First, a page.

Do Not Go Gently
By Richard E. Baker on February 5, 2021
“He is a great fighter. He must remember how he got that way.” (Photo: Richard E. Baker)
“Chucky” (Moises Flores) stands in the middle of the ring, slightly bent at the waist. His wrapped hands clasp two weights. As he punches he walks over the signage on the canvas: Amigo’s Meat. Chucky ducks under ropes, shoulder high and stretched from corner to corner. He groans as the punches are thrown. The shadows he boxes are known only to him; demons perhaps or ghosts of past fights. His wife and two kids are at home in Guadalajara. He could have worked construction and stayed home. He chose to be a fighter.
Taking the fight game seriously means long separations from family. Chucky works in the old way, no women in camp, no distractions, long days and nights of solitude. Jogging at 7:00 am, sparring at 1:00 pm, conditioning late in the day or early in the evening. Once he was a champion and had beaten Mario Antonio Macias for the WBC FECARBOX super bantamweight title and Oscar Escandon and Luis Emanuel Cusolito and for the WBA Super World super bantamweight title, and Paulus Ambunda for the WBA and IBO super bantamweight title. Then came a no decision contest against Guillermo Rigondeaux followed by three loses. So, what happened?
Chucky happened. Like many fighters who reach the top he decided he knew everything. He started telling his trainers what to do rather listening to his trainers tell him what to do. He attempted to train the trainers rather than let the trainers train him. Perhaps because they did not want to lose their jobs, his trainers went along rather than buck up and remind him how he became champion. That starts the downhill slide. If a fighter is smart enough he might catch himself in time, might return to basics, might attempt the climb gain.
His first loss after Rigondeaux came against Daniel Roman (24-2-1), a unanimous decision. Although a championship fight, Flores could not have taken the title because he made the unprofessional mistake of coming in too heavy. Any boxer who cannot come in on weight, especially for a championship fight, has lost his desire. That was proven in his next fight, a 3rd round KO loss against Brandon Figueroa (17-0-0.) Flores attempted to redeem himself in the following fight against Leonardo Baez (17-2-0.) He had fought a bit better and managed a unanimous decision loss, better than a KO loss.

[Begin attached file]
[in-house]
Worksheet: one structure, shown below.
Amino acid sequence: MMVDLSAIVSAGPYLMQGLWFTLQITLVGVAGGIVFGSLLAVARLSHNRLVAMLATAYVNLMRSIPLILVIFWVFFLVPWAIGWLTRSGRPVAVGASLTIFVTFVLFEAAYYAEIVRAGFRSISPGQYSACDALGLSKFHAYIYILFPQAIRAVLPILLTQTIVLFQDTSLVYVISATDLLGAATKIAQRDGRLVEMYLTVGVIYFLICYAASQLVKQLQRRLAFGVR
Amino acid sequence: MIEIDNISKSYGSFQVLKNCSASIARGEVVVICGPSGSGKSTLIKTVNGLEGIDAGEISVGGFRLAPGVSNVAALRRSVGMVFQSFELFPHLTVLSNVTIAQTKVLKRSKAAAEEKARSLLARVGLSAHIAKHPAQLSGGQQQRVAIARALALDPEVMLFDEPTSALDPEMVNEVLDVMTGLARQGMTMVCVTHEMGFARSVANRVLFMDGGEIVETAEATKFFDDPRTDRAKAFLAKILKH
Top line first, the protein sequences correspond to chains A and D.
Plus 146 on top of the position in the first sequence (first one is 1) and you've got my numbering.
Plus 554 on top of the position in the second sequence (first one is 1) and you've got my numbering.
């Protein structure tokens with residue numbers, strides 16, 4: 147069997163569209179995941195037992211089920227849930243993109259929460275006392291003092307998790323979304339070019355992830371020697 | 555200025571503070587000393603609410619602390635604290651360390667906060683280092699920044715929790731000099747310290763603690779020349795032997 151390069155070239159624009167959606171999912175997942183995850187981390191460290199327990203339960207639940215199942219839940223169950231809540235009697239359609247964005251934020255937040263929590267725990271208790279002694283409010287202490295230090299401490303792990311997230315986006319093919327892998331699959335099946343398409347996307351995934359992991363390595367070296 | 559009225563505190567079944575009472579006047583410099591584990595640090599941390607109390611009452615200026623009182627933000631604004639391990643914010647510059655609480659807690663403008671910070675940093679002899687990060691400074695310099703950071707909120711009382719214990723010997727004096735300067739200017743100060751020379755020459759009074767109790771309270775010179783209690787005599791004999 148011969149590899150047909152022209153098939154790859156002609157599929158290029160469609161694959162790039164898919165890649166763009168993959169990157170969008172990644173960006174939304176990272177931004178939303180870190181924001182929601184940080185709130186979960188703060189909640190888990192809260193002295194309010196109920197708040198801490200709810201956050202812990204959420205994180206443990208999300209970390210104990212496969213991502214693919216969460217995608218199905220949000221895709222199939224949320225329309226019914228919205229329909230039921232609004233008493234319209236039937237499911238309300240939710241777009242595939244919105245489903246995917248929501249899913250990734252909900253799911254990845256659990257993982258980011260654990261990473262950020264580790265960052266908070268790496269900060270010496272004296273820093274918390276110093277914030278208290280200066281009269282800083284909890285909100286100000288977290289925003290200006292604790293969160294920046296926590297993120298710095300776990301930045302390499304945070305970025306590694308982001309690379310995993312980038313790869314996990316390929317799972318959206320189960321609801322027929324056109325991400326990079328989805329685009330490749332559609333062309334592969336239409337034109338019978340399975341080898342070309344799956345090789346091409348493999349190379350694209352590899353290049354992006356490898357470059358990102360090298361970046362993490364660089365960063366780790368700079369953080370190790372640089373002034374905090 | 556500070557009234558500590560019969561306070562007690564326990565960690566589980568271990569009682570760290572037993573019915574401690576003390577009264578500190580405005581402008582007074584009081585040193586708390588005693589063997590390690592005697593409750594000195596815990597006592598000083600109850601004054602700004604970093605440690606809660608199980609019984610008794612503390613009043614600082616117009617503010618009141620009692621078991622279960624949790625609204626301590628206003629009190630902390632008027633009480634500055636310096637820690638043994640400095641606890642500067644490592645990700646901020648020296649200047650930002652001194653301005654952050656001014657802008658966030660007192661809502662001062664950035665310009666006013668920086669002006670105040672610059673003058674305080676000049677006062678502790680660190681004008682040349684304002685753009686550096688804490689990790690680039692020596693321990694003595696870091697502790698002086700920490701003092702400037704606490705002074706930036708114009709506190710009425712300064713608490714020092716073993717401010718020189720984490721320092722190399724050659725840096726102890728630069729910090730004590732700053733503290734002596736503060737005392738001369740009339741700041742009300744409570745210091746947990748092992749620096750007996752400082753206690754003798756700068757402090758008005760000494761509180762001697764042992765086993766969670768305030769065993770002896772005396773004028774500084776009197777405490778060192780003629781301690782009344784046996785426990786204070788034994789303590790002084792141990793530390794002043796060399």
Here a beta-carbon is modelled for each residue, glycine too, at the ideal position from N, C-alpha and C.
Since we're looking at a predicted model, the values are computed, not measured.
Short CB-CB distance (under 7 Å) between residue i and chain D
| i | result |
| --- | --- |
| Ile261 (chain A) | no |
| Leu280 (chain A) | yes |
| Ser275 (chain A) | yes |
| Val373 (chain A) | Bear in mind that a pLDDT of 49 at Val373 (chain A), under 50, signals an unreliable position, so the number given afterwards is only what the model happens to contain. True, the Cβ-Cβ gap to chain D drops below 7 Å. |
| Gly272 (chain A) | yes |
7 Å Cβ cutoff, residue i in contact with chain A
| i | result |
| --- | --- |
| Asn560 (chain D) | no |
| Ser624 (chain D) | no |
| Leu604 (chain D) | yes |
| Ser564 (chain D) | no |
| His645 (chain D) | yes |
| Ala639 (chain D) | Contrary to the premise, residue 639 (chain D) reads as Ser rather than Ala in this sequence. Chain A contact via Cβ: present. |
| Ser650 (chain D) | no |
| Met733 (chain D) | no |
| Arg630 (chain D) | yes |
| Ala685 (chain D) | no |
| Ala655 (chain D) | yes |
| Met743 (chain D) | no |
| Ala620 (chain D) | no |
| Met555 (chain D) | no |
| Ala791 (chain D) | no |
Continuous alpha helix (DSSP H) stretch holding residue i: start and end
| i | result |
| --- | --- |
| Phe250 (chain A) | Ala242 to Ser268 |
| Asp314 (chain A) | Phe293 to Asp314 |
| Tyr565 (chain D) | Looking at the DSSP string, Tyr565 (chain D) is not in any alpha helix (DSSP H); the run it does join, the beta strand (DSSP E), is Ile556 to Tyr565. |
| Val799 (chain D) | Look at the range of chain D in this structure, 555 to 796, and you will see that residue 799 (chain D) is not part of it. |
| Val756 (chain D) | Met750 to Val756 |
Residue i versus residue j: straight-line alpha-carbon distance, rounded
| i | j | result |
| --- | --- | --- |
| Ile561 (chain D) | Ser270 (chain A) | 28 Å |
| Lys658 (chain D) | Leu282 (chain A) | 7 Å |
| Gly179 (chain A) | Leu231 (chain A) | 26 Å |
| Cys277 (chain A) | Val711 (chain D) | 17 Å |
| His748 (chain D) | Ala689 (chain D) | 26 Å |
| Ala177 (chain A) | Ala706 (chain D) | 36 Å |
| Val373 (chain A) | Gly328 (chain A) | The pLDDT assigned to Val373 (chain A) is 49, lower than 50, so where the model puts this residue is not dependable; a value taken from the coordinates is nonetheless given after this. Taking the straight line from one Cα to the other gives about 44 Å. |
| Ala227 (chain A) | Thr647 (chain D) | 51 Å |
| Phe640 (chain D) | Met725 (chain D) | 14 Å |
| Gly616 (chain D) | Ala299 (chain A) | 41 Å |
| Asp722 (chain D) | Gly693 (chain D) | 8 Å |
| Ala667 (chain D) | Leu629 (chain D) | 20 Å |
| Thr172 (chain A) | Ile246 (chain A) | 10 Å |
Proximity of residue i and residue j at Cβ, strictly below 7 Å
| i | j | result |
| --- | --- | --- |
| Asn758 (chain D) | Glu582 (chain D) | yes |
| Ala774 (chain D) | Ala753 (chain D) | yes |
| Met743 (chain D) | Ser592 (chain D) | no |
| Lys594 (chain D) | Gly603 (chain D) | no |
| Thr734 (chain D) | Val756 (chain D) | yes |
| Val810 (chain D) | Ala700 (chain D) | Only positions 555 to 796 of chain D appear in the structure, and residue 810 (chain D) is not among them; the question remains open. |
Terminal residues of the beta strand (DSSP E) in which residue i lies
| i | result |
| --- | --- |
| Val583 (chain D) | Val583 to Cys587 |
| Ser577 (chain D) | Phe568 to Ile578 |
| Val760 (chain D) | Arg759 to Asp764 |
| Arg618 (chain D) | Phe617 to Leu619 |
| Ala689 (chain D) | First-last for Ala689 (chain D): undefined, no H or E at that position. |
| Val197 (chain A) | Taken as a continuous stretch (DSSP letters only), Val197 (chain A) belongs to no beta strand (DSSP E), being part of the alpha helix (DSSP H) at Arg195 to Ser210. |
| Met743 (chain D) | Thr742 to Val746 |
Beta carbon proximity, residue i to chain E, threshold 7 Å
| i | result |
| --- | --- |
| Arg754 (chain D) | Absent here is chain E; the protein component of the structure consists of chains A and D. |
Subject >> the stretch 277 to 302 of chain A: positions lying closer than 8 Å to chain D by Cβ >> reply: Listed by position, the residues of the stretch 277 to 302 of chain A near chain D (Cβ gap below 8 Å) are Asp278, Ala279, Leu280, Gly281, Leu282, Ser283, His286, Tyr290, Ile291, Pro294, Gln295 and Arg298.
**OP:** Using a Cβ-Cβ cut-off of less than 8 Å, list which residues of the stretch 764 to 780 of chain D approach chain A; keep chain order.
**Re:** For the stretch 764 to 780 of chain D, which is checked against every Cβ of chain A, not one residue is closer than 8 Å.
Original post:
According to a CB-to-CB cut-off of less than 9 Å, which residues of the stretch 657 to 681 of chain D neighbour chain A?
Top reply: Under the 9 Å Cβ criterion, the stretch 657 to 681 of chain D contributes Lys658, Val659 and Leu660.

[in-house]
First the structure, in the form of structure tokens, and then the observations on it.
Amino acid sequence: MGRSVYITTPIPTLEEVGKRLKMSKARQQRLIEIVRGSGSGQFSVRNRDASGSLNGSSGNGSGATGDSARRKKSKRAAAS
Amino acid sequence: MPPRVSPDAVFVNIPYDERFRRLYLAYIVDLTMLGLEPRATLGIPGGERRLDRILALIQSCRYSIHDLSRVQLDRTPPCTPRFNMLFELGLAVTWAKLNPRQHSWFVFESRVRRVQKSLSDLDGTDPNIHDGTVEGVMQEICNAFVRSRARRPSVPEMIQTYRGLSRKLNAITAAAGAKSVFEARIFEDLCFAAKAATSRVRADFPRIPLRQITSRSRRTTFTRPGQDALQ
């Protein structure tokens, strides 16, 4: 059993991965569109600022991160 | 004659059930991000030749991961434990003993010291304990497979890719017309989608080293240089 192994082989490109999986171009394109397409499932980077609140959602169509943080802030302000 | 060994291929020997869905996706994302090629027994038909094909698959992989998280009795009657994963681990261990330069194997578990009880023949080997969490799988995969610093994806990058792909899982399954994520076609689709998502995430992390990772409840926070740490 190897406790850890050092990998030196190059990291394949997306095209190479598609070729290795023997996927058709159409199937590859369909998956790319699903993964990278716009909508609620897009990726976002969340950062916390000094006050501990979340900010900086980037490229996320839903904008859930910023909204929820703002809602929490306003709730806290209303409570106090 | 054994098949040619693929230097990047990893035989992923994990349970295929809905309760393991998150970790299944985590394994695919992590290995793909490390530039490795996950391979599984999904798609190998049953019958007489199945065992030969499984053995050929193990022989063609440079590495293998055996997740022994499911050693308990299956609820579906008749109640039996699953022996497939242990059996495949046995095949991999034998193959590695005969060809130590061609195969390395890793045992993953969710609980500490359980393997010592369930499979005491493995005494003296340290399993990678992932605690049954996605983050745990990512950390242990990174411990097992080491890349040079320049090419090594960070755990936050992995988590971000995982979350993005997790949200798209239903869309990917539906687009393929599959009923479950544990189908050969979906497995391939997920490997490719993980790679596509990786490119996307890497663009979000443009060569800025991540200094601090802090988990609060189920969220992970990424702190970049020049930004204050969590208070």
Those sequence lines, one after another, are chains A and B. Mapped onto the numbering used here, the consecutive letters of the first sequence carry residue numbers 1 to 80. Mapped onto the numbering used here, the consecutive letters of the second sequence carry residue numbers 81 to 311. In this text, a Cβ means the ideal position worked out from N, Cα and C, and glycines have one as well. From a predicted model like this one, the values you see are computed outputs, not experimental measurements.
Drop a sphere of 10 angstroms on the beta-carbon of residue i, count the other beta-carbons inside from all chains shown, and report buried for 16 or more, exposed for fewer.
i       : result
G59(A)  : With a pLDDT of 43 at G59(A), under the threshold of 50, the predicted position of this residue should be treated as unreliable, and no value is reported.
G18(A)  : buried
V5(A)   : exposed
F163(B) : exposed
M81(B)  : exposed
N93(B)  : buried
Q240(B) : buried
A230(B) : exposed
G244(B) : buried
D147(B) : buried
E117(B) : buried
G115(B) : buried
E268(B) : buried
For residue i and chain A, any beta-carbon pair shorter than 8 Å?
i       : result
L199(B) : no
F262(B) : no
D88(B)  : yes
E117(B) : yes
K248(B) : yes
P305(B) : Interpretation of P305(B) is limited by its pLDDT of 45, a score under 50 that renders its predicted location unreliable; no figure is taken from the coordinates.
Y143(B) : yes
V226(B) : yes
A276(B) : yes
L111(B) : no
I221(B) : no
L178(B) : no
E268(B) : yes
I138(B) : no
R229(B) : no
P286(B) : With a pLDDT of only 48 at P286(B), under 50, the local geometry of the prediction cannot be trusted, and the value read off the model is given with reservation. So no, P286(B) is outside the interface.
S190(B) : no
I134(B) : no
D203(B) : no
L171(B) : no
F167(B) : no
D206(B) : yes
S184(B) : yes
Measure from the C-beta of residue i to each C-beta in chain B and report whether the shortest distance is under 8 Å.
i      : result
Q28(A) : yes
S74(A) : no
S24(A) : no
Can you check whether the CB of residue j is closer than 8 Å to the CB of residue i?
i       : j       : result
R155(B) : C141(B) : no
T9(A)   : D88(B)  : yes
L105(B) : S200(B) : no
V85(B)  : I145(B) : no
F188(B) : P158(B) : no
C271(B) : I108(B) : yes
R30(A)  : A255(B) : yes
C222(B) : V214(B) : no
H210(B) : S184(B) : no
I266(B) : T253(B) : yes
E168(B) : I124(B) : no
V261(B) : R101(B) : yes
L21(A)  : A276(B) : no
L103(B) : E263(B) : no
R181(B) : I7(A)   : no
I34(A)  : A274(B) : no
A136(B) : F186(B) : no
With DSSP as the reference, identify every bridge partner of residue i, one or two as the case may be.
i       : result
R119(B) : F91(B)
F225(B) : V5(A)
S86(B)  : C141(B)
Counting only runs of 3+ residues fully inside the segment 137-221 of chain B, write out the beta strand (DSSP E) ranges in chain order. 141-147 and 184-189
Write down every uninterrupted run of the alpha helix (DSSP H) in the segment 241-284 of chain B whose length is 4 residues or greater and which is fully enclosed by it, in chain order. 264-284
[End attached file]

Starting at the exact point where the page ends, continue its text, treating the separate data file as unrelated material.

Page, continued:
Chucky is smart enough and claims he has learned his lesson. With enough work there might still be a few good fights in him, maybe even another championship fight, and even another championship. He has always been an in-your-face kind of fighter, a non-stop banger exciting to watch. He will exhaust an opponent by walking him down. He hits hard, very hard and very often.
He walks to the corner of the ring and asks for water. He drinks briefly, lets the coolness stay in his mouth for a moment.
Javier Flores Valerio is training him today. Javier, from Jalisco, Mexico, is a new trainer, just learning the game. He readies Chucky’s gloves. Gloves are an extension of Chucky’s determination. Although just 122 pounds he hits like a welterweight.
They say a punch is the last thing to go on an older fighter. Chucky hopes so. He is in the best shape a man of 33 can get. Like a thief the years sneak away a man’s conditioning while he is sleeping. When he awakes he comes to the frightening realization he can only do one less of his usual pushups, 200 yards less on the track, can only throw no more than two fewer punches per round, and starts to get tired in a round that was once his best.
Flores has decided to finish his training back home. Javier has gotten him into top shape but worries about him getting soft when he goes home. “He is a great fighter,” says Javier. “He must remember how he got that way.”
His next fight is February 26 in Cancun, Mexico. If he continues to listen to his trainers he should be back on track. Time waits for no man. One thing is certain—Chucky will not go gently into that good night.